'Happy Days' lawsuit: Fraud claim thrown out by judge

Back in April, members of the cast of Happy Days, including Marion Ross, Erin Moran, Don Most, Anson Williams, and the estate of the late Tom Bosley, filed a lawsuit against CBS, claiming that the network violated breach of contract and owed them for merchandising revenues that they had been cut out of. The $10 million suit claimed the stars of the sitcom “were guaranteed five percent of royalties profits if their images appeared on a product.”

CNN.com reported yesterday that the fraud claim was thrown out by Los Angeles Superior Court Judge Elizabeth Allen White, who ruled in favor of CBS. According to the court ruling, “The exact details of this alleged promise to provide periodic revenue statements when merchandising revenue had been generated have not been plead with the requisite level of specificity required.” A spokesperson for the CBS Consumer Products Division said in a statement, “We are thrilled that the court has thrown out all claims for punitive damages and significantly narrowed this to a case of contract interpretation.”

While the Happy Days stars involved in the lawsuit reportedly “cannot receive punitive damages at the trial, which is scheduled for June 26, 2012,” Jon Pfeiffer, an attorney for the actors, told CNN, “We intend to press forward with the lawsuit. If we can’t punish the defendants, we certainly intend to expose their practices.”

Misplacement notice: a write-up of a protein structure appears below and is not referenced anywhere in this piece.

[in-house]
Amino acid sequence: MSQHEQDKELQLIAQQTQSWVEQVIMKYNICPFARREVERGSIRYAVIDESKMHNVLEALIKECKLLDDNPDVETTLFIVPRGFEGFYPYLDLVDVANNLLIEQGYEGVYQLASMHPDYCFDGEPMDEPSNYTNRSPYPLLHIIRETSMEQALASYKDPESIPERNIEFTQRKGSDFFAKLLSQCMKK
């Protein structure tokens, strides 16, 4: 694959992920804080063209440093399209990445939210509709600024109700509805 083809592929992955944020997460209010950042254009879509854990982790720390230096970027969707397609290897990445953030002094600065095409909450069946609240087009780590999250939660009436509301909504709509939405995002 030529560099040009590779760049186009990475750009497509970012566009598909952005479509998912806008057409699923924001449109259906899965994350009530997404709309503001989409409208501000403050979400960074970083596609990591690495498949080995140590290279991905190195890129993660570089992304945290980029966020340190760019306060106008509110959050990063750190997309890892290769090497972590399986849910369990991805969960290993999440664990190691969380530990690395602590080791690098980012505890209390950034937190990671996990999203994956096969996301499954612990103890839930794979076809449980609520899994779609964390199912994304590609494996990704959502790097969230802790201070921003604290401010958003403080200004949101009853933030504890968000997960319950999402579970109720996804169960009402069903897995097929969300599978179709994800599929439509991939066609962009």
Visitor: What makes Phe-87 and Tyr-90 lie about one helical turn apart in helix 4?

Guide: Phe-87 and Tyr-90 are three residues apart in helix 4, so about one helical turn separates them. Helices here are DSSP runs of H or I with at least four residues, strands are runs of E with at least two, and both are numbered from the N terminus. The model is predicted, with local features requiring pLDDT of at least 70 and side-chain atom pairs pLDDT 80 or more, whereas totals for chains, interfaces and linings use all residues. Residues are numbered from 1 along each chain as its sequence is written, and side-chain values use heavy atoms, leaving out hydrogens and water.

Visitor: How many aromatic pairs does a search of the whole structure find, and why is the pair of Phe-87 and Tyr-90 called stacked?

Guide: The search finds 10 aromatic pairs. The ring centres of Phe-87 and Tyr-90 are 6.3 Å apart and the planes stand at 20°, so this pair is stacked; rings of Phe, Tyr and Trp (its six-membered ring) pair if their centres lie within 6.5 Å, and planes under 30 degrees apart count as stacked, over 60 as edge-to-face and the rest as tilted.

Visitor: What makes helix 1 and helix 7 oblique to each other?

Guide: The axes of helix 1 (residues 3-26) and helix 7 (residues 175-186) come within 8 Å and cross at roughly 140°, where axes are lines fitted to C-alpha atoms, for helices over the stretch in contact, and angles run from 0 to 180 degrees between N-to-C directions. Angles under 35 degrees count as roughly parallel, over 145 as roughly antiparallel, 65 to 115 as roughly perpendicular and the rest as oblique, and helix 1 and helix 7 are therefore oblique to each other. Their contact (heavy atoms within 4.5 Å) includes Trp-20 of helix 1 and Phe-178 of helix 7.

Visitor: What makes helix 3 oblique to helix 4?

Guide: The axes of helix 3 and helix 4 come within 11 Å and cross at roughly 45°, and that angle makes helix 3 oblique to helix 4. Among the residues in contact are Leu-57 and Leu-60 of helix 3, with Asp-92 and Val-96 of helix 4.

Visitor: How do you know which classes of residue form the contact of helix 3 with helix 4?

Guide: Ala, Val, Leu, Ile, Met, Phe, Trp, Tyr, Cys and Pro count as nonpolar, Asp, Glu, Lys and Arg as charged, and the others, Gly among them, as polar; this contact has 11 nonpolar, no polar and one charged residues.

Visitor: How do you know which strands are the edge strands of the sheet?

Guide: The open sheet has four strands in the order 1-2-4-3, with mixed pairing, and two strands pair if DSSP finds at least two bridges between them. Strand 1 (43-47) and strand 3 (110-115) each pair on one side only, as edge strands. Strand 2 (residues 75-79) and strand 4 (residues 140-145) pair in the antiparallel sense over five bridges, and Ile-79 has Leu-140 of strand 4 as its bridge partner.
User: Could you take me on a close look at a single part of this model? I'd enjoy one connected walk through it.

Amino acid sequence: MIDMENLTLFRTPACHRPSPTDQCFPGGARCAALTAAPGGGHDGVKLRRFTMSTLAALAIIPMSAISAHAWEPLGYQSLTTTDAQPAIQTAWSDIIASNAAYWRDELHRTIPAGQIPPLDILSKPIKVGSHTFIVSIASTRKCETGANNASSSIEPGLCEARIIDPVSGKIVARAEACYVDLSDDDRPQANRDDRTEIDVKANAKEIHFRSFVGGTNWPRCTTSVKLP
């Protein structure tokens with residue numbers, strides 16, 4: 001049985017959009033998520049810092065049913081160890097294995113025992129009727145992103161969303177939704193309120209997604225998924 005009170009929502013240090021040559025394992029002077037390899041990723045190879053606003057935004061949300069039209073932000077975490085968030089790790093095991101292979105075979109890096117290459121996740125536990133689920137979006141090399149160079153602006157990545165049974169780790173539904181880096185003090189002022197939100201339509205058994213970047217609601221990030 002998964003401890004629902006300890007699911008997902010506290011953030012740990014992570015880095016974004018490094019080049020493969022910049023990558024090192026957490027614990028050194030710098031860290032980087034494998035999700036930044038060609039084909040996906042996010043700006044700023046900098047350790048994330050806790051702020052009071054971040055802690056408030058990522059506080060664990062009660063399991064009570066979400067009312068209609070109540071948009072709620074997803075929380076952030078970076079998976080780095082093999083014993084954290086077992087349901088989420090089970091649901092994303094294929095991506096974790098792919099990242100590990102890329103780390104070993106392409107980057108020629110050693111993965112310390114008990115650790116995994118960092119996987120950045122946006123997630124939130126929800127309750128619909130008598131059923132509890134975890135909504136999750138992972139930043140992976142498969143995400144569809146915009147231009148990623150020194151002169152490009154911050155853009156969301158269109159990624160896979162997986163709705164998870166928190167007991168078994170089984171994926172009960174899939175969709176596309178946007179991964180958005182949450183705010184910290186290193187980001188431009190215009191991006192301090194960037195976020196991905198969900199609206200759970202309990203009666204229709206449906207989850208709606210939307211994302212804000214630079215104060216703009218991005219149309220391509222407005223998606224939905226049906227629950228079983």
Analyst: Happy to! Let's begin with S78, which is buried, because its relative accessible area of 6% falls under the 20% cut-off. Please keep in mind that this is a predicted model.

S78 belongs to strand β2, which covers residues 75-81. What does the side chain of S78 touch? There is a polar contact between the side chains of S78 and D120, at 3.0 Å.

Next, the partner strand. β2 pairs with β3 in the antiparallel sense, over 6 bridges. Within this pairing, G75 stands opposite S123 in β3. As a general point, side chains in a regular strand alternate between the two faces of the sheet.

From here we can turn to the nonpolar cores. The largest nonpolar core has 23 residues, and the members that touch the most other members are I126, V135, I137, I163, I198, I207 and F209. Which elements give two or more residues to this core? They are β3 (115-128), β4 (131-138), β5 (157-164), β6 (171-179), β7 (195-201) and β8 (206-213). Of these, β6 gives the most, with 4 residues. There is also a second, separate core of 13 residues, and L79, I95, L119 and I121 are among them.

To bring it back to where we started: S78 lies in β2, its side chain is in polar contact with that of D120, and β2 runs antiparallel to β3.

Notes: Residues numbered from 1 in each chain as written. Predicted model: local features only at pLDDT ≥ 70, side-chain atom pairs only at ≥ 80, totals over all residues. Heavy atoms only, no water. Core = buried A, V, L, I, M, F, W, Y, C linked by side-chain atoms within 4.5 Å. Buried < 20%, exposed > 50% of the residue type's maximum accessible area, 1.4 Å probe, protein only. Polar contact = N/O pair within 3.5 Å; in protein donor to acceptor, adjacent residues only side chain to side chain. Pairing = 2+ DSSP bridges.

Read more:
‘Happy Days’ cast sues CBS over royalties

Comments (33 total) Add your comment
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  • Hombre

    You notice Ron Howard was not a part of this. Only the LOSERS who have done nothing since Happy Days. Get a life!!!

    • theo

      Nor The Fonz. Guess the rest of ‘em just need to sit on it.

  • DrinkMuch?

    I guess Erin will have to stick to drinking boxed wine for a bit longer. Must be killing her that her only claim to fame anymore is having her name appear in crossword puzzles.

    • Bebe

      Why the hate for Erin? What has she done to you?

  • Chuck Rice

    If I remember Correctly wasn’t Happy Days on ABC instead of CBS?

    • shelly

      yes it was..it made abc #1 for many years..however paramount which produced the show was bought out by cbs..therefore the suit against the producers which is now cbs

  • o0

    Everybodys gotta love Potsie and his get rich quick wacky ideas. Oh Potsie who did you drag in on the hijinks this time? ha ha.

  • JDF

    Dang! Look at all the CBS interns posting comments here on EW!!

    I’m cheering on these guys hoping they get every penny that they originally should have from those crooks at CBS…

  • shelly

    ron howard and the fonz have too much money..notice spike the drummer and chachi are left out again..i had a happy days lunch box and i was made fun of..i was 26 at the time

    • mick

      The reason Ron or Henry isn’t named is because they had seperate contracts since they were the stars that specifically granted them a license fee.

      • Rasheed

        THANK YOU mick

    • Joelseph

      My guess is that Henry Winkler or Ron Howard get their check regular due still being active in show business. Or, their likeness is primary in all Happy Days materials and they’ve made sure to keep the stars happy. That, or CBS